Symi Snapshots


Harani and Mouragio, Yialos this morning.  The fashionable summer season may be drawing to a close but there are still plenty of boats of all shapes and sizes passing through Symi.  That is Evangelissmos church on the hill.  NOS beach and Tholos restaurant are on the point to the right.  That white building in the foreground with the arches and pointed roof is an old Italian mansion that now houses the post office and police station.


Rhea as seen from my office window.  
This old beauty often includes Symi on her summer charter route and adds some old world charm to Yialos harbour.   On the hill to the right you can just see the scar that is the motor road which connects Yialos and Chorio and continues on to Panormitis.


Far from the glamorous yachts in Yialos and Pedi Bay, this old Volkswagen van and its driver spent the night on a dirt track next to a pig sty in the Pedi valley.  Such mobile frock shops were very common when I first came to Symi and people would look out for regular visits from their favourite hawkers.  It is much harder to earn a living this way now and with the dearth of big boats and the high price of ferry tickets very few make they way as far south as Symi.  That is Pedi bay in the haze in the background. This dirt road now goes all the way through to the football stadium at the bottom but is pretty rough in places and not recommended for the average hire car.


It is not just hawkers and gypsies who find a resting place in the valley. 
This little boat is a very long way from the sea.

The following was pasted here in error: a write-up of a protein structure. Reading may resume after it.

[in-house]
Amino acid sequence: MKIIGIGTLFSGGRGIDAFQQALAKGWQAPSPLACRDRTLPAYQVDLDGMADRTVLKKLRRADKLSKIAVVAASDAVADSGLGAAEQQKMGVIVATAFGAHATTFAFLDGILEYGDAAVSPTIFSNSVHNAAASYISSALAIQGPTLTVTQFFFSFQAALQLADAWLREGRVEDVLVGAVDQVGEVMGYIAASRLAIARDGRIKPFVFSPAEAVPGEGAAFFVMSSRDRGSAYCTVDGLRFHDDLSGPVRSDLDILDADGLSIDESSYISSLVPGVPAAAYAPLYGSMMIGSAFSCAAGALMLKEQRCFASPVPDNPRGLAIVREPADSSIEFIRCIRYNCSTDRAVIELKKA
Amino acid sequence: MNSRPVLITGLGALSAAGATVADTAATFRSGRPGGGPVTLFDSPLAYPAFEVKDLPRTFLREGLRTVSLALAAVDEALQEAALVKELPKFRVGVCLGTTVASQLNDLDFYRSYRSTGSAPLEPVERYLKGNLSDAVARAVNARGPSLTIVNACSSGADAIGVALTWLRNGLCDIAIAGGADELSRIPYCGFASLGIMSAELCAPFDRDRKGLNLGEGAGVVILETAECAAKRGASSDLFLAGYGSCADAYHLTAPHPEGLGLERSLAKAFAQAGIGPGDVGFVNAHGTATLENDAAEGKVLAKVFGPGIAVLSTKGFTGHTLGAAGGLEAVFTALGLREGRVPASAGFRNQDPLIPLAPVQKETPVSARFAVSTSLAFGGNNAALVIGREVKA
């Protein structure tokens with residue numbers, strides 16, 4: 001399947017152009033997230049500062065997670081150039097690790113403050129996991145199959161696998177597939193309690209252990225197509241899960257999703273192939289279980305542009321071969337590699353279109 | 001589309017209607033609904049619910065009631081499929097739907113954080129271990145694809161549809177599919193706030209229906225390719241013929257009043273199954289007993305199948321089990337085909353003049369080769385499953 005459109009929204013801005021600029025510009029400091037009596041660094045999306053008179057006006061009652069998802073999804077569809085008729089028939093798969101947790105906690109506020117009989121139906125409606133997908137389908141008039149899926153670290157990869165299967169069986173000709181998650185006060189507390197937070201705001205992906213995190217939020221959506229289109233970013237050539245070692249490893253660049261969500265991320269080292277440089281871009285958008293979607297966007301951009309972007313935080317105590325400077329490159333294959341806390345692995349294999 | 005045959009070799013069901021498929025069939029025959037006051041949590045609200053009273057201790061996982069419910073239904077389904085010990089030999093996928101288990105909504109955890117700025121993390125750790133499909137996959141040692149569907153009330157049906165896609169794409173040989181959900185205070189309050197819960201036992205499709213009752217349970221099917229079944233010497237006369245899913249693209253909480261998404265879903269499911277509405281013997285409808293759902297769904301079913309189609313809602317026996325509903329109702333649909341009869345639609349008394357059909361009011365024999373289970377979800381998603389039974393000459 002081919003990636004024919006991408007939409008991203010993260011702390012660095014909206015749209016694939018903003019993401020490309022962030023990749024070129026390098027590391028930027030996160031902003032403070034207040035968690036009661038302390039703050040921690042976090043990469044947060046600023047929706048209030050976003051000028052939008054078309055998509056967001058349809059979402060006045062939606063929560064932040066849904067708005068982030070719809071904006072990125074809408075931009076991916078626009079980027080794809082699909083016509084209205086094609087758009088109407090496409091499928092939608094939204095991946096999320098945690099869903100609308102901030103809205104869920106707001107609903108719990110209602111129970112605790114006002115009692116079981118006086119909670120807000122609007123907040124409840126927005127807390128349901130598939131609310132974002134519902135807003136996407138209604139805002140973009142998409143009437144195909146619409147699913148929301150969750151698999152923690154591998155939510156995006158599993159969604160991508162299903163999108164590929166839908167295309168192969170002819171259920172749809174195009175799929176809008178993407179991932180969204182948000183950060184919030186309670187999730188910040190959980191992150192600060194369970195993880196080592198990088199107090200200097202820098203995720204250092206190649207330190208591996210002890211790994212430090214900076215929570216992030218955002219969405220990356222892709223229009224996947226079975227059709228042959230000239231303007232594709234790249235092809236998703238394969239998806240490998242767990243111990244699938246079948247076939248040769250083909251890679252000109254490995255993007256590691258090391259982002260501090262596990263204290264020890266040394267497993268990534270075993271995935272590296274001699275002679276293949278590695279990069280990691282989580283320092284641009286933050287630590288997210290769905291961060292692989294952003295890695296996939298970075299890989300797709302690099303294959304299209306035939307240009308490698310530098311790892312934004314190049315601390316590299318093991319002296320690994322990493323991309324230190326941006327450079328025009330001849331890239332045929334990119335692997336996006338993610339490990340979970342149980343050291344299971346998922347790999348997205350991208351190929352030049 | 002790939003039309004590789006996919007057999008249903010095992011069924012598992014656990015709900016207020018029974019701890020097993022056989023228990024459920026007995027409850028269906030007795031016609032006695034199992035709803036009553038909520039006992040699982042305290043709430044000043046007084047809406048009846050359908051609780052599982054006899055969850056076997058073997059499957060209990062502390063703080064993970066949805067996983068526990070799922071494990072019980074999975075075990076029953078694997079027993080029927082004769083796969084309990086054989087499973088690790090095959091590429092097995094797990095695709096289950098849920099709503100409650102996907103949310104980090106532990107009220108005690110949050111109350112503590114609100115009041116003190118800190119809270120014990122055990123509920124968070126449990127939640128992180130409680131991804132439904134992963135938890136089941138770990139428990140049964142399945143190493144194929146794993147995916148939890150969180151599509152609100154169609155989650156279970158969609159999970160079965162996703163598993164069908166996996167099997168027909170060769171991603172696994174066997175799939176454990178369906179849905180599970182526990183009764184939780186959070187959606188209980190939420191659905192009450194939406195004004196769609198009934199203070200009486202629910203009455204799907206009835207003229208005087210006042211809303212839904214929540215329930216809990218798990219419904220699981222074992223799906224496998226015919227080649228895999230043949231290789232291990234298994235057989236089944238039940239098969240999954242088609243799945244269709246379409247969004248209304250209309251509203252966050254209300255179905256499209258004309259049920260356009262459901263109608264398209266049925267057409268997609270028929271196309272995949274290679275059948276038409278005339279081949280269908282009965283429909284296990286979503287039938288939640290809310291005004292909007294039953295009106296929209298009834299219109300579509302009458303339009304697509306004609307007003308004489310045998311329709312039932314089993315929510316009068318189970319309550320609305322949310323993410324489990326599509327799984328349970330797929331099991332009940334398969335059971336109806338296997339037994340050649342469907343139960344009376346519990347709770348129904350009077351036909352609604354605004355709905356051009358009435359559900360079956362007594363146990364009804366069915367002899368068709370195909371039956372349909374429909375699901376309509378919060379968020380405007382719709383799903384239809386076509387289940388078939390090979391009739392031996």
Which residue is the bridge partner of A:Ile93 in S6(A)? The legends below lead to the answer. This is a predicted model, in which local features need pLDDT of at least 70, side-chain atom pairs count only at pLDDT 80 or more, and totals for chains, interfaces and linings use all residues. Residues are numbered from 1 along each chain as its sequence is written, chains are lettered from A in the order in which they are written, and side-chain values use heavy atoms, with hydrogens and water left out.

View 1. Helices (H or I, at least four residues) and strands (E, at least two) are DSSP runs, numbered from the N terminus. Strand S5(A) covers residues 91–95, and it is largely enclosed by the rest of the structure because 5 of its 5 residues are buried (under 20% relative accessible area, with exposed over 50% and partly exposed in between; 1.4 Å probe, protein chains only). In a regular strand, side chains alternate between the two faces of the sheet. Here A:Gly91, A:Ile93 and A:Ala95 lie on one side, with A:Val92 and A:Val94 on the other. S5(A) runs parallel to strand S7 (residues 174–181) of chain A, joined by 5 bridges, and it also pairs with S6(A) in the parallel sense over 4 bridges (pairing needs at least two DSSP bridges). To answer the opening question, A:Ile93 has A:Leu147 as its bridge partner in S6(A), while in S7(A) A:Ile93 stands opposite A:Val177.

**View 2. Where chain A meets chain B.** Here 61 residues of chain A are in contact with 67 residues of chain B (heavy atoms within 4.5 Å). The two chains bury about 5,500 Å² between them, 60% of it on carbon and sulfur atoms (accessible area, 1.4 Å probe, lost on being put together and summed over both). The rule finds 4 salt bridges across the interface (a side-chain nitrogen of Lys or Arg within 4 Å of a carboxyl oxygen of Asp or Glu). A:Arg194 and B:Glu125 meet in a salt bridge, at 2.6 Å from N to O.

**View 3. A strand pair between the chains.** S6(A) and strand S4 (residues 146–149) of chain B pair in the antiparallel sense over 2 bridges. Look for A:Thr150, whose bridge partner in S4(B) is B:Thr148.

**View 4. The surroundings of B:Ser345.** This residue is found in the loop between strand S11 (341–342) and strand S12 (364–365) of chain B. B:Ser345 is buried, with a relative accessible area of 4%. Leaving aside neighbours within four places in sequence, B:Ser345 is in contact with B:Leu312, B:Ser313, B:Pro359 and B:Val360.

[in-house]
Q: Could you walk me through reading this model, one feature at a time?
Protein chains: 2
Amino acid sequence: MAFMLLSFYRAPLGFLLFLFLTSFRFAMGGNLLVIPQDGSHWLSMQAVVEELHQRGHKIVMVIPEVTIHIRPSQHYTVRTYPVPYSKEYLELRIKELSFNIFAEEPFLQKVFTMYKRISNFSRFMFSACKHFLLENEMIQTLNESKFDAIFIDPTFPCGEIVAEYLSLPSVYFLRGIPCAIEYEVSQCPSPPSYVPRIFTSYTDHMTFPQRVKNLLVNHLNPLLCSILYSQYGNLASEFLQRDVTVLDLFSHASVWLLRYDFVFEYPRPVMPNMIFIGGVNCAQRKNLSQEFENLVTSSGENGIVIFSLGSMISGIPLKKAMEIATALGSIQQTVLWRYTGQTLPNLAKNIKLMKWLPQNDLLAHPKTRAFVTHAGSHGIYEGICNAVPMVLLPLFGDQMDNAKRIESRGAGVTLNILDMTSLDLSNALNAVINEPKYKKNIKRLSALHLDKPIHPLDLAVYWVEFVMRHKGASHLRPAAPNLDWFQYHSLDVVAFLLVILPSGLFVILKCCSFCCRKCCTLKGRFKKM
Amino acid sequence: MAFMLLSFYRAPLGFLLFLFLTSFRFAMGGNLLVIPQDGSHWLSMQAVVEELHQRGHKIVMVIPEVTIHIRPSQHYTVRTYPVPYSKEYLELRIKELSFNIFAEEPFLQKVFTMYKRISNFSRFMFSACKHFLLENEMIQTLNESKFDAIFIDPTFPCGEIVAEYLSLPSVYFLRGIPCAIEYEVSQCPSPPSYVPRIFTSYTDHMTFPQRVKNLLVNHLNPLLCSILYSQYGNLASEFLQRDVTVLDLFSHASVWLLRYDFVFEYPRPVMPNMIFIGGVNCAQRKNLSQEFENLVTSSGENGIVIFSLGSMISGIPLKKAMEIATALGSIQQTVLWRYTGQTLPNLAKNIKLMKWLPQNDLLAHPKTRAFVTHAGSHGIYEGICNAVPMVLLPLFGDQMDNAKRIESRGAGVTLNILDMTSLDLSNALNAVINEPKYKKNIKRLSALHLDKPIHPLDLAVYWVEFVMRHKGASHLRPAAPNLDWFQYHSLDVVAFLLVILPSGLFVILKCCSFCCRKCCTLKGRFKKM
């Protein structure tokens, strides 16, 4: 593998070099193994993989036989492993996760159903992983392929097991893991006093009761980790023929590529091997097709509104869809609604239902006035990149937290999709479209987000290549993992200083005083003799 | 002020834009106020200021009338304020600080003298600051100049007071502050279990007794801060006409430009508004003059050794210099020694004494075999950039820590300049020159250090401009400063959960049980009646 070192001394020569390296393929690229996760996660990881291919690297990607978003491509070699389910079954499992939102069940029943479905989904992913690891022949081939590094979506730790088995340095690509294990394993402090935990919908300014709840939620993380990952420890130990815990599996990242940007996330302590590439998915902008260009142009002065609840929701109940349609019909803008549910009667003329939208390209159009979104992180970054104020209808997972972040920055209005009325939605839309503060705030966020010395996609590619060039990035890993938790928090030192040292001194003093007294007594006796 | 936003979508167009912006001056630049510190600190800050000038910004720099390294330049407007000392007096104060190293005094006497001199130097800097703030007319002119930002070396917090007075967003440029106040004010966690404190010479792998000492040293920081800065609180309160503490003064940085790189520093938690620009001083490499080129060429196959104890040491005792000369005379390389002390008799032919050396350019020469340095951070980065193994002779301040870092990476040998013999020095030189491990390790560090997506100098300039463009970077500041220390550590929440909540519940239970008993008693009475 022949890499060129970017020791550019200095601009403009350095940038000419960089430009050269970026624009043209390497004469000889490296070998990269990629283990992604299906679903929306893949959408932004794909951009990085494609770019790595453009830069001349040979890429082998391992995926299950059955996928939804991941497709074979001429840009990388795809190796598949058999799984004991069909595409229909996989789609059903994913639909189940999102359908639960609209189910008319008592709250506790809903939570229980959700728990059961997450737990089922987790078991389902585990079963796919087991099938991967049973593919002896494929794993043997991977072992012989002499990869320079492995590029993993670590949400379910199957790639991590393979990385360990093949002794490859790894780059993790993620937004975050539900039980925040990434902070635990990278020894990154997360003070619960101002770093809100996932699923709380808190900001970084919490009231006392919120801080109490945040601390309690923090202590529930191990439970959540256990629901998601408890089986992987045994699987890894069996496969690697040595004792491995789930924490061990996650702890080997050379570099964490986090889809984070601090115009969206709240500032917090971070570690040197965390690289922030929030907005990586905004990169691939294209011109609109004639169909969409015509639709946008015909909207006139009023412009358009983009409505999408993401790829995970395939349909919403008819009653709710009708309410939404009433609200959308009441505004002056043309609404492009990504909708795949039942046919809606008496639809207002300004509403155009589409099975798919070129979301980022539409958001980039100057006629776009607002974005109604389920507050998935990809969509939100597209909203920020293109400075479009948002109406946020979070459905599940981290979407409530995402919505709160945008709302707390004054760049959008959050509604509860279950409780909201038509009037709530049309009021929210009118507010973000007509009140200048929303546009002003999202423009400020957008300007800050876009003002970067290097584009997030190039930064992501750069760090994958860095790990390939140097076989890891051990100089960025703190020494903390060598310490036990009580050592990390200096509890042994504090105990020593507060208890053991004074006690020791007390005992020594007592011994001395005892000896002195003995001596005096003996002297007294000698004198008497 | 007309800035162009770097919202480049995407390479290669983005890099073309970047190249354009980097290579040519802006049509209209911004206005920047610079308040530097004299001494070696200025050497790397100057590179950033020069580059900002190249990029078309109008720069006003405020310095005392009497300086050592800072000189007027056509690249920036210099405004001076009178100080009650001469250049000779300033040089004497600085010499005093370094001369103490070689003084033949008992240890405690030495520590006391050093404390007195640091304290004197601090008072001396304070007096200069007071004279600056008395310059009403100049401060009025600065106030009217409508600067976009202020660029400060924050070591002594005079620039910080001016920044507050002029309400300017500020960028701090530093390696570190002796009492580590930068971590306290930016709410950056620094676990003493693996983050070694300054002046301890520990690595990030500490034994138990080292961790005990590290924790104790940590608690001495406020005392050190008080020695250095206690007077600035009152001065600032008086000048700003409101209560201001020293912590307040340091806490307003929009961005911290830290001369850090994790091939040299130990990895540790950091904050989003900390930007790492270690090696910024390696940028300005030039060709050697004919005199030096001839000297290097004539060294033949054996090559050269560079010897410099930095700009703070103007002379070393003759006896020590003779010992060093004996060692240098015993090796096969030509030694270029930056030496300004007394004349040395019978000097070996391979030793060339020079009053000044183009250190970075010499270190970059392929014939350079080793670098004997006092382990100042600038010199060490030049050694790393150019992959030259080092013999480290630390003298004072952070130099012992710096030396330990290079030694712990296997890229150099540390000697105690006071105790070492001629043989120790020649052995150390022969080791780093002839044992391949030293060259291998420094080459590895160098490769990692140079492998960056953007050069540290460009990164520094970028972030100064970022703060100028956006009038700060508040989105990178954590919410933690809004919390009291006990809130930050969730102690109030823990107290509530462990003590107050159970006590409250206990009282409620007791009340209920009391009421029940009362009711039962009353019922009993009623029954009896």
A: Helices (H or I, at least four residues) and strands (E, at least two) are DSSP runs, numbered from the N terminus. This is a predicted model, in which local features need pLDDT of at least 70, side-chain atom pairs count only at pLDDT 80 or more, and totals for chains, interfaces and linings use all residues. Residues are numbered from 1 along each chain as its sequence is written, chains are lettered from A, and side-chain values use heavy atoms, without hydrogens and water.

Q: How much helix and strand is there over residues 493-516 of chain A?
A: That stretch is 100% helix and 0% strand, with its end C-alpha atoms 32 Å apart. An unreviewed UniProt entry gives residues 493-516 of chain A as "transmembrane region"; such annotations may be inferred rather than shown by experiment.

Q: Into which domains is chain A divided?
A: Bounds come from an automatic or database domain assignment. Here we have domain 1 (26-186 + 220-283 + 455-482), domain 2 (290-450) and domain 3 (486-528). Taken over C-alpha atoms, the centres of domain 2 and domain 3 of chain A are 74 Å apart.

Pedi bay at daybreak.  Many boats prefer a quiet night, swinging to anchor in Pedi, and if I had a better camera I would share with you the twinkling lights of a floating fairytale town as many of the larger boats have wonderful decorative lighting displays in the evenings.


A room with a view at the Hotel Fiona in Chorio. Situated at the top bend in the Kali Strata the Hotel Fiona is in a very convenient location and also has excellent harbour views.



The Little Blue House catching the early morning sun.  The row of windmills marking the crest of the hill were used to grind grain that was brought to Symi from other islands and the adjoining coast of Asia Minor where, in the days of the Ottoman Empire, many Symiots had their farms.

Have a good week.

Regards
Adriana

Anonymous –   – (Tuesday, August 30, 2011)  

very beautiful Symi :-)

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About this Blog

I sailed into Panormitis Bay, Symi, by chance one windy July day in 1993 and have been here ever since. The locals tell me that this is one of the miracles of St Michael of Panormitis. A BA graduate with majors in English, Philosophy and Classical Civilisation, the idea of living in what is to all intents and purposes an archaeological site appeals to me. Not as small as Kastellorizo, not as touristy as Rhodes, Symi is just the right size. I live on a small holding which my husband and I have reclaimed from a ruin of over-grazing and neglect and turned into a small oasis over the course of the past 22 years. I also work part-time for Symi Visitor Accommodation, helping independent travellers discover and enjoy Symi's simple pleasures for themselves.

This page is kindly sponsored by Wendy Wilcox, Symi Visitor Accommodation.


Adriana Shum

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